After years of working with organizations and their leaders, I estimate that about 20% of people can envision the future. Most of the rest are firmly entrenched in accomplishing the business of the day. This 80%, equally vital members of the organization, are focused on what is instead of what might be.
This ability to envision the future is largely driven by personality-based attitudes toward change. At Clarus, we often use an assessment tool, Change Style Indicator, which assesses attitudes toward change along a continuum from originator through pragmatist to conserver. All change styles contribute important attributes toward organizational success.
I also have come to believe that, in general, this 80/20 distribution is a good conserver/originator balance. However, it’s not always easy on the visionary leader. It can be a challenge when you are the one holding a clear focus on a future no one else seems to see.
Over the past decade, we’ve had the honor to work beside a number of visionary leaders who have been willing to create and maintain a vision for the future, often standing alone when the first flush of excitement about a new direction wears off. From employee culture to quality performance to software platforms, we’ve worked with change initiatives that have leveraged organizational strengths and resources in pursuit of a future vision.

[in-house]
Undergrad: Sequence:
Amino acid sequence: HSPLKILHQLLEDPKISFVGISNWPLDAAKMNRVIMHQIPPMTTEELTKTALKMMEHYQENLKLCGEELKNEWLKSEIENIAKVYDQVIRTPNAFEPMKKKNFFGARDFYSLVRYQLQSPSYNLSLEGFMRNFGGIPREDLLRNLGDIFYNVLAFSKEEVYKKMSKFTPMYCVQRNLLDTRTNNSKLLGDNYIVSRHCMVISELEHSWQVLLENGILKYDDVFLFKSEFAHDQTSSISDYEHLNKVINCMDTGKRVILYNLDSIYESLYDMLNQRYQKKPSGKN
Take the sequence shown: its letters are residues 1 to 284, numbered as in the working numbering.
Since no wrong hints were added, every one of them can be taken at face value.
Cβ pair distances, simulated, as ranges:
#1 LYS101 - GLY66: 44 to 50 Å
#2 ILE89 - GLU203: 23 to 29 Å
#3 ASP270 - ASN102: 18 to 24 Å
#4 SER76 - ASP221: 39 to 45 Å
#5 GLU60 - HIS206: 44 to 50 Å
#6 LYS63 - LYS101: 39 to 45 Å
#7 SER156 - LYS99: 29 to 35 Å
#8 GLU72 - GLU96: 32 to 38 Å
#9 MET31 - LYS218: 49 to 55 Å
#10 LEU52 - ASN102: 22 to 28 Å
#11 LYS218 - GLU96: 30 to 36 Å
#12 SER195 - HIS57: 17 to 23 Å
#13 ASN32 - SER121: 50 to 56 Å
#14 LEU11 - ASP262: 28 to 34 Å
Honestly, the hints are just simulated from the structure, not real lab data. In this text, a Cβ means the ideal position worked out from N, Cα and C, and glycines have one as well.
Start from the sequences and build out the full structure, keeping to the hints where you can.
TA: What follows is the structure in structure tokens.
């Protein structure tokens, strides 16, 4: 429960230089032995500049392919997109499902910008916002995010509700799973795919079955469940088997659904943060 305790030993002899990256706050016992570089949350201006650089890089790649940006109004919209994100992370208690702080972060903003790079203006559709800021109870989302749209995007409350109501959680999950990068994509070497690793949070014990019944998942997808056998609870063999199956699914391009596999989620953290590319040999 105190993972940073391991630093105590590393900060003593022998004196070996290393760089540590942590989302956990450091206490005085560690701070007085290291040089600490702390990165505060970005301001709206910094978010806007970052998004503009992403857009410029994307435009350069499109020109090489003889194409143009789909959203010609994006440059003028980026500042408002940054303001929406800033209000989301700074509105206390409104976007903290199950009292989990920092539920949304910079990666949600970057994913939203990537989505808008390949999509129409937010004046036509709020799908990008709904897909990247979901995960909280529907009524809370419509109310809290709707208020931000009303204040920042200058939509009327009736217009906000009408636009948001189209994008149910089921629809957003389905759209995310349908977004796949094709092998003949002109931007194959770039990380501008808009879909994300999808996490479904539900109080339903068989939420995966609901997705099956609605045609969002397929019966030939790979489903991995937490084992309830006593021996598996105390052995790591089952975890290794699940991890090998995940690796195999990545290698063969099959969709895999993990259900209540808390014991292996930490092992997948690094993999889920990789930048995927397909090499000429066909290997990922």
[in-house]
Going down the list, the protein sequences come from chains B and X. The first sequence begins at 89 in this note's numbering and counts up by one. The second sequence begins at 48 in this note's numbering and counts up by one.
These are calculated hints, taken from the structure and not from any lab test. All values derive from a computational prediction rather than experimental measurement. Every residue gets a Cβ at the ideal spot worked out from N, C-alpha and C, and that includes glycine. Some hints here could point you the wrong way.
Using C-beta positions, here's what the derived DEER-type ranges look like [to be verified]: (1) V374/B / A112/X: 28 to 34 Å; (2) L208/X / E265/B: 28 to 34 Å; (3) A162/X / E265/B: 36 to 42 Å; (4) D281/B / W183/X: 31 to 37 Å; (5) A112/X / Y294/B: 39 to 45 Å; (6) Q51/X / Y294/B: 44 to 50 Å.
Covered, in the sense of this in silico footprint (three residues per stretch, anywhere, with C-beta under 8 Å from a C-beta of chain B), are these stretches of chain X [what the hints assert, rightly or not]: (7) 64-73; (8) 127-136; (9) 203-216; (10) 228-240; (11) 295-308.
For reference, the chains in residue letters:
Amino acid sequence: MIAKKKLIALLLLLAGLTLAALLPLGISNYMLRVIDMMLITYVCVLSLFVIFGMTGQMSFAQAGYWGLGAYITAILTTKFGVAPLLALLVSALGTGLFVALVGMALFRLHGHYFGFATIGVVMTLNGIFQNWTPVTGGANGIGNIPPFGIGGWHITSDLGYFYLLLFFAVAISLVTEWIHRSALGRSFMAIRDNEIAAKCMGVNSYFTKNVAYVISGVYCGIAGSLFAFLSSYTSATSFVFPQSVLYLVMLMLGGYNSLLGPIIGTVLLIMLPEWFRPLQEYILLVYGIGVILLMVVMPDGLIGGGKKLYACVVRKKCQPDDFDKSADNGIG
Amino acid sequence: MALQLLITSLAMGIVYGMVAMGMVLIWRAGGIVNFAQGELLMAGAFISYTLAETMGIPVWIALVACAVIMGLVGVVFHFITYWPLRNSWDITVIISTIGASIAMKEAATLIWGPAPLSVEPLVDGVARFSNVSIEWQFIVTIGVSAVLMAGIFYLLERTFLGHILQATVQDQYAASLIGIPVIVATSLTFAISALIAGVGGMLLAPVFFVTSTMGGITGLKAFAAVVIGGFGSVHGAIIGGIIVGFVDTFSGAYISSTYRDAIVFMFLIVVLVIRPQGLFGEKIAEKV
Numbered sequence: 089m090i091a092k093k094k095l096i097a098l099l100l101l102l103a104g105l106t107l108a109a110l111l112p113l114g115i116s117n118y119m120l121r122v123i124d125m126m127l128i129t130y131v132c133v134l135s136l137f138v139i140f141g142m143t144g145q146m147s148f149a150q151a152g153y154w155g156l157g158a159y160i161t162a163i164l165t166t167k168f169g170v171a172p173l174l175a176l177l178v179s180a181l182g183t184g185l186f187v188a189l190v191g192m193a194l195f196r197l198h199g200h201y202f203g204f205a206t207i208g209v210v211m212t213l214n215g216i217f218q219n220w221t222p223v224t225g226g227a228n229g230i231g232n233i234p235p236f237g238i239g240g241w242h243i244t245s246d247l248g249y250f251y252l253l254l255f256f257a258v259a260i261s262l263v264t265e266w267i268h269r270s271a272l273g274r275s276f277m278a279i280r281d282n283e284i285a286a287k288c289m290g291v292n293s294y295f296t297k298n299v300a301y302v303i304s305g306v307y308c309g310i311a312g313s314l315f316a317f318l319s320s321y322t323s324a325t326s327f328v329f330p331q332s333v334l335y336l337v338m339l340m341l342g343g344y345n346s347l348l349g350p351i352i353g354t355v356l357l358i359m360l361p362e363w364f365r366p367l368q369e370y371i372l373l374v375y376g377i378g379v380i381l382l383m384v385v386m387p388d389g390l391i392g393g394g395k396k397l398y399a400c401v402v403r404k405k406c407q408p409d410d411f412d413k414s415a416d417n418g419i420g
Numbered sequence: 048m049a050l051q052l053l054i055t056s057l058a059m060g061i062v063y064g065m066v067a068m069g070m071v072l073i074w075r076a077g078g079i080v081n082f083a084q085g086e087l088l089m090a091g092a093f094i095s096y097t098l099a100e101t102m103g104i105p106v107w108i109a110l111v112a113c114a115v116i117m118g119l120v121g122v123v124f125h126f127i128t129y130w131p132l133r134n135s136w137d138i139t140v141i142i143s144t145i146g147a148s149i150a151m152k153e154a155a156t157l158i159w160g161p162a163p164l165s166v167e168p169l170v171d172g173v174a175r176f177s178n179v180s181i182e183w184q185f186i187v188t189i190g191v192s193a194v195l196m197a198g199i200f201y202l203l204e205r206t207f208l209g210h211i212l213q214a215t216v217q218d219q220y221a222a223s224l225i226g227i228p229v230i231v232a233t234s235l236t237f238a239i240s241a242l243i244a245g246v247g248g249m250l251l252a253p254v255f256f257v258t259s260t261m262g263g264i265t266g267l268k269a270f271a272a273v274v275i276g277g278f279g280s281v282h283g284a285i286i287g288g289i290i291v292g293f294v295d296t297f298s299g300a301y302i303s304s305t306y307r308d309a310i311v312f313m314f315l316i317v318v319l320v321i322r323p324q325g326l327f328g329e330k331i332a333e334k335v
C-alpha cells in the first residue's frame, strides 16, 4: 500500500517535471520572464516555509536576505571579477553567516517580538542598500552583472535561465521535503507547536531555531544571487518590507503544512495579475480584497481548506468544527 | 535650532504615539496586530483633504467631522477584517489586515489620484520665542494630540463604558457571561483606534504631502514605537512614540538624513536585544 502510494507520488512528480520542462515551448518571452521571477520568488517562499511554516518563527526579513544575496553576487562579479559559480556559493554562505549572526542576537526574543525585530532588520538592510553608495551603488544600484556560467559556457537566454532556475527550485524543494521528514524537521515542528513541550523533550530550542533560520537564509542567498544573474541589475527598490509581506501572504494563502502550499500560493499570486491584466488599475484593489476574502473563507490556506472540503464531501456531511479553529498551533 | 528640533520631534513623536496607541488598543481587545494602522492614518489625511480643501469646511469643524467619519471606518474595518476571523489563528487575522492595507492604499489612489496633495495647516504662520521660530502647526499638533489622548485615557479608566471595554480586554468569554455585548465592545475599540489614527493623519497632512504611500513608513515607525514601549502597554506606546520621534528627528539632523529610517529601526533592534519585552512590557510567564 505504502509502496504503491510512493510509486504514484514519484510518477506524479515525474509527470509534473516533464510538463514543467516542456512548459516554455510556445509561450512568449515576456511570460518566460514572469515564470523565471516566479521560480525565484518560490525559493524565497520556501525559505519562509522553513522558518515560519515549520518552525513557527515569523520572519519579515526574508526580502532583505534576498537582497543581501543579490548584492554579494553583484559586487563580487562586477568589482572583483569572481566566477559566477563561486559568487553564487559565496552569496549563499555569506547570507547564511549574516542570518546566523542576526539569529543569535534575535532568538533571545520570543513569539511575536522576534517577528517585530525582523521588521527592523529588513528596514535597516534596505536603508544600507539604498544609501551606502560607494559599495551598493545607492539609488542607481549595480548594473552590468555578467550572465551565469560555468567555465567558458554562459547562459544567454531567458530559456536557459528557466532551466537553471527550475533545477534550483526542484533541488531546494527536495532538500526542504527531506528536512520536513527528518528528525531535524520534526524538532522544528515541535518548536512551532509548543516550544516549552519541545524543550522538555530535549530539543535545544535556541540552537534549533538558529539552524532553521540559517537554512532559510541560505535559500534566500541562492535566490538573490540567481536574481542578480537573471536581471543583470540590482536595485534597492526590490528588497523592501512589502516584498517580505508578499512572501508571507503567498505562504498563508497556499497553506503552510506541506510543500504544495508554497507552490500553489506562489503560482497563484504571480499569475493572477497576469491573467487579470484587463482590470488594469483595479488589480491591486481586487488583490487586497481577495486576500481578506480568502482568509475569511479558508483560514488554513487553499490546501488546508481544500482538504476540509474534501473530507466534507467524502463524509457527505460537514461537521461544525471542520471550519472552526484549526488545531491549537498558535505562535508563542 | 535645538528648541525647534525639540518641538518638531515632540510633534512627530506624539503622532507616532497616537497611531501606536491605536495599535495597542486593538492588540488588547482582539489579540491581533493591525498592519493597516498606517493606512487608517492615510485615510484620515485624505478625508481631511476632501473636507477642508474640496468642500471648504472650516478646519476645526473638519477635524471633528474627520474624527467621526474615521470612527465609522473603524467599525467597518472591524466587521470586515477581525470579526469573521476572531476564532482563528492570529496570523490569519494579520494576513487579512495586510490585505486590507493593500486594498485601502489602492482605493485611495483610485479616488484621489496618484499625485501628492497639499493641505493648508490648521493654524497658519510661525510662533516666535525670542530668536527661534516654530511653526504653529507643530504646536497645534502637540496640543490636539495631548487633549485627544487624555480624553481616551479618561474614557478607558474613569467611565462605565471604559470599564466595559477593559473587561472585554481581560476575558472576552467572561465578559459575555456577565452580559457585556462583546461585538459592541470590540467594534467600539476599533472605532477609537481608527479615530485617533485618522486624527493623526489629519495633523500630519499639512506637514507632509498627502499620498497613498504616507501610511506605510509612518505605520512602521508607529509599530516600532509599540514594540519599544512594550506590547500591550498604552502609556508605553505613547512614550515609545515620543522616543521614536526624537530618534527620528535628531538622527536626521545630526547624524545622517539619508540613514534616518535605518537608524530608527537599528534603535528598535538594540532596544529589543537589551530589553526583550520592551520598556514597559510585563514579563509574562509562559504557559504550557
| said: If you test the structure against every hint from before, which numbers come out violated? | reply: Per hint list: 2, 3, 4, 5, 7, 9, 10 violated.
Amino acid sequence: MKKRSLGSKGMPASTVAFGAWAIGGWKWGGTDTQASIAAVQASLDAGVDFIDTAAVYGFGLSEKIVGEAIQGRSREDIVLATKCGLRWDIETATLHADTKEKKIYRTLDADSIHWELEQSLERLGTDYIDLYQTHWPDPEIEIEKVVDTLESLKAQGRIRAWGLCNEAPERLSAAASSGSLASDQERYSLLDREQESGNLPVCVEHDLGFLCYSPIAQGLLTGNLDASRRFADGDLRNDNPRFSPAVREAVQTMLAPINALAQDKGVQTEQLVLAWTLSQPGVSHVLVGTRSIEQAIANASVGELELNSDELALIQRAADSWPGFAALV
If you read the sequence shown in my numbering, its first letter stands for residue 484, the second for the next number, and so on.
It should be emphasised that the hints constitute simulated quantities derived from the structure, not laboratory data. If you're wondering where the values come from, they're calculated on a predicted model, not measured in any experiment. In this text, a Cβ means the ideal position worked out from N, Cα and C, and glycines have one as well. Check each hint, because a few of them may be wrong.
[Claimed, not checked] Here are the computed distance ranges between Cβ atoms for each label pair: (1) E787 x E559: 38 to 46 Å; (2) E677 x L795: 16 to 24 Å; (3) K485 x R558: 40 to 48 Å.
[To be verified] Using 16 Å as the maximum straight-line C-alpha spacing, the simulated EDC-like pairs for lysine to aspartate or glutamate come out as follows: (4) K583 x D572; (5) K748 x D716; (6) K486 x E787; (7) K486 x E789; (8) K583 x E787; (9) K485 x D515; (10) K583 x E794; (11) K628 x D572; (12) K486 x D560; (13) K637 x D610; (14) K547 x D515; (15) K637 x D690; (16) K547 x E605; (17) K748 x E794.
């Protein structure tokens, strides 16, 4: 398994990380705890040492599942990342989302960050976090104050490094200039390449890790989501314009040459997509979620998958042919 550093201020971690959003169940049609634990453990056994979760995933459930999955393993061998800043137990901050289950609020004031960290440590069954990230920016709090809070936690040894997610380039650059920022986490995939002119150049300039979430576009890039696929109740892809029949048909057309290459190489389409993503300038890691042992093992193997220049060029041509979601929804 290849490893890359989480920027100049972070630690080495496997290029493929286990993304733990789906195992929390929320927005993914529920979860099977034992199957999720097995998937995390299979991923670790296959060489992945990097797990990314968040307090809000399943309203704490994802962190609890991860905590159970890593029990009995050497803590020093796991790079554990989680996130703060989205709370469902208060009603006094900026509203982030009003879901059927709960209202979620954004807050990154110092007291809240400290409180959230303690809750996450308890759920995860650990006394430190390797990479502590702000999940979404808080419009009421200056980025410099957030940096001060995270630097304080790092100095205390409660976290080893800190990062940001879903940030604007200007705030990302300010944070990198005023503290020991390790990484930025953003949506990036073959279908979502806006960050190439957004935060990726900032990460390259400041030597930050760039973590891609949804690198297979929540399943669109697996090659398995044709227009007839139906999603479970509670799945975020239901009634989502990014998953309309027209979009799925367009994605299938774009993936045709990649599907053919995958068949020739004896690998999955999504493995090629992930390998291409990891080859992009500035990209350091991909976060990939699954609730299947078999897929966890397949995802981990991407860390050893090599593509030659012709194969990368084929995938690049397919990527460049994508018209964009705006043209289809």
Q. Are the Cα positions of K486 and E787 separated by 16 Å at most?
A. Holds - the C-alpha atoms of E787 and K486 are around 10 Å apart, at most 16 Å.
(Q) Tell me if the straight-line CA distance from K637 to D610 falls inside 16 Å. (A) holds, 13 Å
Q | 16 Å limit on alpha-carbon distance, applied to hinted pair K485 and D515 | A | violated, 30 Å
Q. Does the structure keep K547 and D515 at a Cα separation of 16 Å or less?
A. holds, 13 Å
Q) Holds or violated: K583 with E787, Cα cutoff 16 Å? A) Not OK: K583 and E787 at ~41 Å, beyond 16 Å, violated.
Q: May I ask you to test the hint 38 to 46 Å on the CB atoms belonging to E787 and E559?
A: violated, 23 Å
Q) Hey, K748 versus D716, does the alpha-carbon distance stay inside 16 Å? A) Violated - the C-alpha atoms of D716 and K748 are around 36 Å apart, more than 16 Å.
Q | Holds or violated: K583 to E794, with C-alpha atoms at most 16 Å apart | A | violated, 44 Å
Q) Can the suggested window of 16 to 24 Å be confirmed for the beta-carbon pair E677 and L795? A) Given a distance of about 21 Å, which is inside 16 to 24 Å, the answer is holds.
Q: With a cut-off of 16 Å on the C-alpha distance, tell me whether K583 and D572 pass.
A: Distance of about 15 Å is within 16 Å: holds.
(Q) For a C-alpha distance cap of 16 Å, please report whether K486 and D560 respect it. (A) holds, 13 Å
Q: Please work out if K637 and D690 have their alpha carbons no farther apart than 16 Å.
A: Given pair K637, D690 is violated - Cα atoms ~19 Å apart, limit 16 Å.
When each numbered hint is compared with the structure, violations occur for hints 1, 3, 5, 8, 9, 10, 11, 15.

Often the change initiative leadership is composed of a small band of committed leaders. One senior leadership team we have had the honor to work with has led an international corporation through a succession of change initiatives. Refusing to be satisfied with “better,” they have continued to push for excellence. The CEO once told me, “Leading change is a lot like driving a car down the interstate at 70 miles per hour while trying to rebuild the engine.”
Exactly! Their team, like all in the midst of organizational change, has faced the cycle of excitement, confidence, doubt, and resistance inherent in leading significant change before the new concepts are adopted and support systems implemented. The visionary leader holds the space while the necessary systems are built and the team adopts the new normal. We created the graphic below to illustrate the steps in building effective systems to support organizational change.
How does a visionary leader rebuild the engine and stay the course? They are prepared for the long haul. These leaders thoughtfully plan, proactively communicate with their team and staff, and make themselves available to participate in plan revisions in response to the realities of change implementation efforts.